Pre-Eminent Climate Scientist James Hansen Calls Paris Deal a ‘Fraud’; John Kerry Begs to DifferDon't count climate scientist James Hansen among those joining the back-slapping brigade following the conclusion of the COP21 climate change summit near Paris.
Don’t count climate scientist James Hansen among those joining the back-slapping brigade following the conclusion of the COP21 climate change summit near Paris.
Although the agreement produced by attending nations at COP21 has been widely heralded as a game-changer, at least on paper, Hansen, a retired NASA scientist and climate change activist, pointedly disagreed in an interview with The Guardian posted Saturday:
“It’s a fraud really, a fake,” he says, rubbing his head. “It’s just bullshit for them to say: ‘We’ll have a 2C warming target and then try to do a little better every five years.’ It’s just worthless words. There is no action, just promises. As long as fossil fuels appear to be the cheapest fuels out there, they will be continued to be burned.”
The talks, intended to reach a new global deal on cutting carbon emissions beyond 2020, have spent much time and energy on two major issues: whether the world should aim to contain the temperature rise to 1.5C or 2C above preindustrial levels, and how much funding should be doled out by wealthy countries to developing nations that risk being swamped by rising seas and bashed by escalating extreme weather events.
But, according to Hansen, the international jamboree is pointless unless greenhouse gas emissions aren’t taxed across the board. He argues that only this will force down emissions quickly enough to avoid the worst ravages of climate change.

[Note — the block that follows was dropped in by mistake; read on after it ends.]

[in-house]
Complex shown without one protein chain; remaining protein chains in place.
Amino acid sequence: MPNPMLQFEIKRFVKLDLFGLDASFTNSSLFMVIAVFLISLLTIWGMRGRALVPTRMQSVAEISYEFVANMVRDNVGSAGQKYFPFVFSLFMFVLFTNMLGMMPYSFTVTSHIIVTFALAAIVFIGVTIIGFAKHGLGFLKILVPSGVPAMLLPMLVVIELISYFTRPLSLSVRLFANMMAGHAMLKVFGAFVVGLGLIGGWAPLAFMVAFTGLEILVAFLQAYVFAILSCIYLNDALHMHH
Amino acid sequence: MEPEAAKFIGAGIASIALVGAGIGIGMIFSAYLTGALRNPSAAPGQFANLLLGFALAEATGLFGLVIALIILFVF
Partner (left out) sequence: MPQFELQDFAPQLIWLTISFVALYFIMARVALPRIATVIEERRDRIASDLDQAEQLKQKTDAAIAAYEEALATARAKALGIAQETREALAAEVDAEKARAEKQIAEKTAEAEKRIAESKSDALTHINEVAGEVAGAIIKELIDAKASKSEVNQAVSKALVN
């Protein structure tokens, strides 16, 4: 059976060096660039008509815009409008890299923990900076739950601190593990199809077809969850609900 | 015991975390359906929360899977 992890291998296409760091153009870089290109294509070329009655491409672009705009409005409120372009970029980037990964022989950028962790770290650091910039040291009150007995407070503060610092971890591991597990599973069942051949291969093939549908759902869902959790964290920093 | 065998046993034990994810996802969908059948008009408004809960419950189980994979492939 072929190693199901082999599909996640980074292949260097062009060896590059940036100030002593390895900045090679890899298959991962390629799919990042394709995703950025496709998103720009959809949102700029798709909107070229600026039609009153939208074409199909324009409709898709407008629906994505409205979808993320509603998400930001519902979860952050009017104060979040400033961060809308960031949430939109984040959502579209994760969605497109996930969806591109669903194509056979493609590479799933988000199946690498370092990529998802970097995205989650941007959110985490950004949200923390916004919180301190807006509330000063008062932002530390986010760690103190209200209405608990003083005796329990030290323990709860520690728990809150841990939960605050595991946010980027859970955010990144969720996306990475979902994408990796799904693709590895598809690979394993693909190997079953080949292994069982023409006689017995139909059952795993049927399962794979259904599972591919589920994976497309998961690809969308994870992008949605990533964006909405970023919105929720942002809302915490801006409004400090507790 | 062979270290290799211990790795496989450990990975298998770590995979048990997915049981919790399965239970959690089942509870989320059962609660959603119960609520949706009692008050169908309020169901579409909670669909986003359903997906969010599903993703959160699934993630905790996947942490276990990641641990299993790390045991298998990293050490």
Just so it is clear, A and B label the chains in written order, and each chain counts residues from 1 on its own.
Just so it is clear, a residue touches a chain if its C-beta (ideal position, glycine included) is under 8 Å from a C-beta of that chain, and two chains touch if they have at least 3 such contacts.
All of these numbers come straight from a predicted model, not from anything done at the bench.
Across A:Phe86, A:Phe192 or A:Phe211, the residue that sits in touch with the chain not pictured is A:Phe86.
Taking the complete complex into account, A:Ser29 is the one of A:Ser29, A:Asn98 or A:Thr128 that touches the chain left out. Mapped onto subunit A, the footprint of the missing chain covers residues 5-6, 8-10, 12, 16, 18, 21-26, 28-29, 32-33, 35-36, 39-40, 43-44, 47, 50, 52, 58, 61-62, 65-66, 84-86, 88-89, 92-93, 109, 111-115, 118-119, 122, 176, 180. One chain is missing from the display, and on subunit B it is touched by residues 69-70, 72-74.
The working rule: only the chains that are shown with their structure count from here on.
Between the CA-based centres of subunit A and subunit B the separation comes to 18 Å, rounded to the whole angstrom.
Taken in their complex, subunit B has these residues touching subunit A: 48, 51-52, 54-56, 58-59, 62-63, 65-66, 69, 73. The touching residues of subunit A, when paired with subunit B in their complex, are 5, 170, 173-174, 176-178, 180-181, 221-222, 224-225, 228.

Hansen, 74, has just returned from Paris where he again called for a price to be placed on each tonne of carbon from major emitters (he’s suggested a “fee” – because “taxes scare people off” – of $15 a tonne that would rise $10 a year and bring in $600bn in the US alone). There aren’t many takers, even among “big green” as Hansen labels environment groups.
Perhaps unsurprisingly, considering his strategic role in securing the agreement at COP21, U.S. Secretary of State John Kerry countered Hansen’s argument during an appearance on ABC’s “This Week” on Sunday (via The Guardian):
“Look, I have great respect for Jim Hansen and I was there in 1988 when he first warned everybody climate change was happening,” the secretary of state said.
“But with all due respect to him, I understand the criticisms of the agreement because it doesn’t have a mandatory scheme and it doesn’t have a compliance enforcement mechanism. That’s true.
“But we have 186 countries, for the first time in history, all submitting independent plans that they have laid down, which are real, for reducing emissions.
“And what it does, in my judgment, more than anything else, there is a uniform standard of transparency. And therefore, we will know what everybody is doing.
–Posted by Kasia AndersonWait, before you go…
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